Promotion might seem like a strange fit for “The Real Deal” given that Evander was never one to talk very much during his illustrious Hall of Fame career; Holyfield always finding it better to let his fists do his talking. As a new promoter, Holyfield is willing to offer mentorship and his famous fighting name in exchange for the hard work he expects from the boxers he chooses to sign.
“A big part of me now being a promoter,” Evander says, “is how I can help boxing.” Holyfield sees a void between the wisdom of his ring experiences and the inexperience of those he hopes he can share them with. “The problem with millennials is there’s nobody there to teach them.”
Clary’s outspoken trainer Peter Manfredo Sr. is willing and able to pick up where Evander leaves off, telling me and the un-PC Providence sports media that his fighter wants to be a legend in boxing before he’s all done. Tough Toka talk but Manfredo also sees the big picture. “To make money and be a legend in this game, you have to be able to take people out,” he says. “You knock people out, people are gonna wanna come see you, they’re gonna fear you.”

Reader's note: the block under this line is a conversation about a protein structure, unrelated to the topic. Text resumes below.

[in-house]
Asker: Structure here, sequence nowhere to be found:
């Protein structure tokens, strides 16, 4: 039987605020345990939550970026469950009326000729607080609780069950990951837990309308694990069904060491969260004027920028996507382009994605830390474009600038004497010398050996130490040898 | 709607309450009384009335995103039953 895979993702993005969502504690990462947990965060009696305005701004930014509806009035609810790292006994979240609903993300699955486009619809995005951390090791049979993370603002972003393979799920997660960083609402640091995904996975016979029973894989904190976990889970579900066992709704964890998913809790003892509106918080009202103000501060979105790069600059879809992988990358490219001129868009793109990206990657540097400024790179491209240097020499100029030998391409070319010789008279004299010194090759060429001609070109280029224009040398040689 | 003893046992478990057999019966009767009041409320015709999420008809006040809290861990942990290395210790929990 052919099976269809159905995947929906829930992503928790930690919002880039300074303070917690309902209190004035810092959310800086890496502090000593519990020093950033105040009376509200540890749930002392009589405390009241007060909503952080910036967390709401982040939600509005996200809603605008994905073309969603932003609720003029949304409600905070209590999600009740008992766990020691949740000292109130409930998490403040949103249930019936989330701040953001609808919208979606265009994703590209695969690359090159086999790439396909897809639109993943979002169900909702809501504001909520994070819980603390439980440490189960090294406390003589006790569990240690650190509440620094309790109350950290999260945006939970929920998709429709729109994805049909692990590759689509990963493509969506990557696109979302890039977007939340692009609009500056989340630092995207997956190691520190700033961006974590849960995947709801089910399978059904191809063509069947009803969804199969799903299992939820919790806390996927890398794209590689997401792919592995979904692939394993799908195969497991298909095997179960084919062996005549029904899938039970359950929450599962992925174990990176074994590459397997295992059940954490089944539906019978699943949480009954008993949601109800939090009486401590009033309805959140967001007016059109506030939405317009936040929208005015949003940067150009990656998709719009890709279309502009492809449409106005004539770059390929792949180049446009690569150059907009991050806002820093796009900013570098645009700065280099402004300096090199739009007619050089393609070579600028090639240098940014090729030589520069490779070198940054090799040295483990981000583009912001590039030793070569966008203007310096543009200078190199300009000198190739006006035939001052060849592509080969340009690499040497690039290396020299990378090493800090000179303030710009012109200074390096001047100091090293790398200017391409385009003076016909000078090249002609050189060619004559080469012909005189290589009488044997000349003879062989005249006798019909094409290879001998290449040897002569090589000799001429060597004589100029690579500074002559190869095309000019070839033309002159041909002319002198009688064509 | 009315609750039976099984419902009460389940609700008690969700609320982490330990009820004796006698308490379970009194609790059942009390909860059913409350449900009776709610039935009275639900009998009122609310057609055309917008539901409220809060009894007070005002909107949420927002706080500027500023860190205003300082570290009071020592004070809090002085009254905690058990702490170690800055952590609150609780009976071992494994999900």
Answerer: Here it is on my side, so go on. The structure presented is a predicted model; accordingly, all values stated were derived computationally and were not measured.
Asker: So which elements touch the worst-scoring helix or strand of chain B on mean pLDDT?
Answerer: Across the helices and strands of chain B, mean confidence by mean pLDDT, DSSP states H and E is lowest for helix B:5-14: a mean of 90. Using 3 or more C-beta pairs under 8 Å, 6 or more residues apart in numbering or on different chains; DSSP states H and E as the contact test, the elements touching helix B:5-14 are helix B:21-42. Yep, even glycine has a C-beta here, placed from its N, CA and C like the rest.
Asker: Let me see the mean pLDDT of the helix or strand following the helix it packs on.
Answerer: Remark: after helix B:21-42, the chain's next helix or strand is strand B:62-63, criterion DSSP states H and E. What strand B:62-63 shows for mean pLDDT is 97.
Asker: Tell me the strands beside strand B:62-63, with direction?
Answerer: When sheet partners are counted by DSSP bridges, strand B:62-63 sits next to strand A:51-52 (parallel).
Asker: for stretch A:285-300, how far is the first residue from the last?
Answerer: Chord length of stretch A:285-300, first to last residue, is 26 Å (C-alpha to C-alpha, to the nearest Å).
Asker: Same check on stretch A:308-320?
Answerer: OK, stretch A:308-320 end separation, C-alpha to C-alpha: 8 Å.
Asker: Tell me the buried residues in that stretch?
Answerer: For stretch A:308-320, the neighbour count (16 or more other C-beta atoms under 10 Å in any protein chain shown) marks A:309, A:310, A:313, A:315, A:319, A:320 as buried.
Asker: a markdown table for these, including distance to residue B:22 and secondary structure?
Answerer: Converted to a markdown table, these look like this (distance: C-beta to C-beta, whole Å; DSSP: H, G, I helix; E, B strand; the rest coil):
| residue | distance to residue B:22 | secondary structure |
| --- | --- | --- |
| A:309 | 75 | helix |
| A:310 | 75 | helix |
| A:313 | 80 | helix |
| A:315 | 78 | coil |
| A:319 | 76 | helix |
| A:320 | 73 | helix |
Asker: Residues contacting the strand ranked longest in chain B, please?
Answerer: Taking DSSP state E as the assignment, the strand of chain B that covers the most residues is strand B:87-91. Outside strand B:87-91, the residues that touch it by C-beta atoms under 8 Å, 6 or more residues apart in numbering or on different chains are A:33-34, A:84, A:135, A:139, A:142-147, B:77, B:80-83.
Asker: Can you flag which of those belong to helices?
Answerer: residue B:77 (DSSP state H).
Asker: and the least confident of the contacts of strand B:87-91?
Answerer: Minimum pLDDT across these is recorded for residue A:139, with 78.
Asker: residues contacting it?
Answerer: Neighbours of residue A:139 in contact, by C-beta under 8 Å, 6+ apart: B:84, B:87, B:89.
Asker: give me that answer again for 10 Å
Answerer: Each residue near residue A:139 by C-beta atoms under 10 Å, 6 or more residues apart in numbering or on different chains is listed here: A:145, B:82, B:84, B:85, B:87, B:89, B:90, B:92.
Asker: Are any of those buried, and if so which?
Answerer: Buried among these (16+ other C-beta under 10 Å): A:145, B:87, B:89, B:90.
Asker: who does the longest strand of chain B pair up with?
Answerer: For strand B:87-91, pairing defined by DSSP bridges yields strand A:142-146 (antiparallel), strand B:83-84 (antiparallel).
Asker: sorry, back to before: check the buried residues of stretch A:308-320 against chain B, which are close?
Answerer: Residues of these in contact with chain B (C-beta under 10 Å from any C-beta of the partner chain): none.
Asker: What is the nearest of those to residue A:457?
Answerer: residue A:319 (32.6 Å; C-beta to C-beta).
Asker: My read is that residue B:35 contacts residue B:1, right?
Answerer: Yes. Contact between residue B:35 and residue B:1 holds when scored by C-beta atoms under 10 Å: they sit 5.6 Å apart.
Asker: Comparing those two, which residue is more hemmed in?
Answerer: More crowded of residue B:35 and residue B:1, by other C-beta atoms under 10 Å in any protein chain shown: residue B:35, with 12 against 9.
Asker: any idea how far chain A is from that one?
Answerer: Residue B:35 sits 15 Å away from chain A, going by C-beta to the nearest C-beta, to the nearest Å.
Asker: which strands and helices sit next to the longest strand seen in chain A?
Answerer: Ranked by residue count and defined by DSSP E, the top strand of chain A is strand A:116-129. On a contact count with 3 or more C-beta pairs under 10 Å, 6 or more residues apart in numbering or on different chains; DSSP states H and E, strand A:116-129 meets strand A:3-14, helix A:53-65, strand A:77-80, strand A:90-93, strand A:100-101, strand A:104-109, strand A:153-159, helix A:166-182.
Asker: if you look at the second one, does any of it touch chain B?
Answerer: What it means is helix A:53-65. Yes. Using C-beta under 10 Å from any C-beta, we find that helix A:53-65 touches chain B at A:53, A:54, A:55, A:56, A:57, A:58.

“I want to be recognized just like Evander after I stop fighting,” eagerly insists Clary. At a Wednesday afternoon press conference during fight week for Clary’s homecoming against undefeated John Vincent Moralde, Holyfield outlined his promotional philosophy:
“I bring a lot to the table but I won’t say I’ll make my fighters champions. I will give them an opportunity to be a champion. I had opportunities and I never quit. If you correct your mistakes, set goals and never quit, you’ll reach that goal. I can give advice because I’ve done it. These fighters need to believe in me but more importantly they need to believe in themselves.”
Moralde didn’t need a famous promoter to make a name for himself in 2015 when he tragically killed Australian Braydon Smith in a ten round bout that saw Smith battered and Moralde leaving without a scratch. Brought in to lose the fight to the hometown Down Under fighter, the Filipino Moralde left the ring with a green WBC title belt while Smith lost his life two days later.
None of that made any difference to Kahn-Clary. In the Real Deal Boxing V main event, Toka stopped the formerly unbeaten Moralde after seven rounds of mostly one-way traffic. Toka started strong behind a busy southpaw jab, keeping most of his follow-up left hands home early. Moralde offered little in the way of resistance and was bruised around the right eye during the first round. Gradually Toka turned up the torque frequency to the body and by the fourth, Moralde was reeling around, missing more than landing but generally not punching at all. After three more rounds of that, Moralde was done on the stool, victim of a sustained body attack.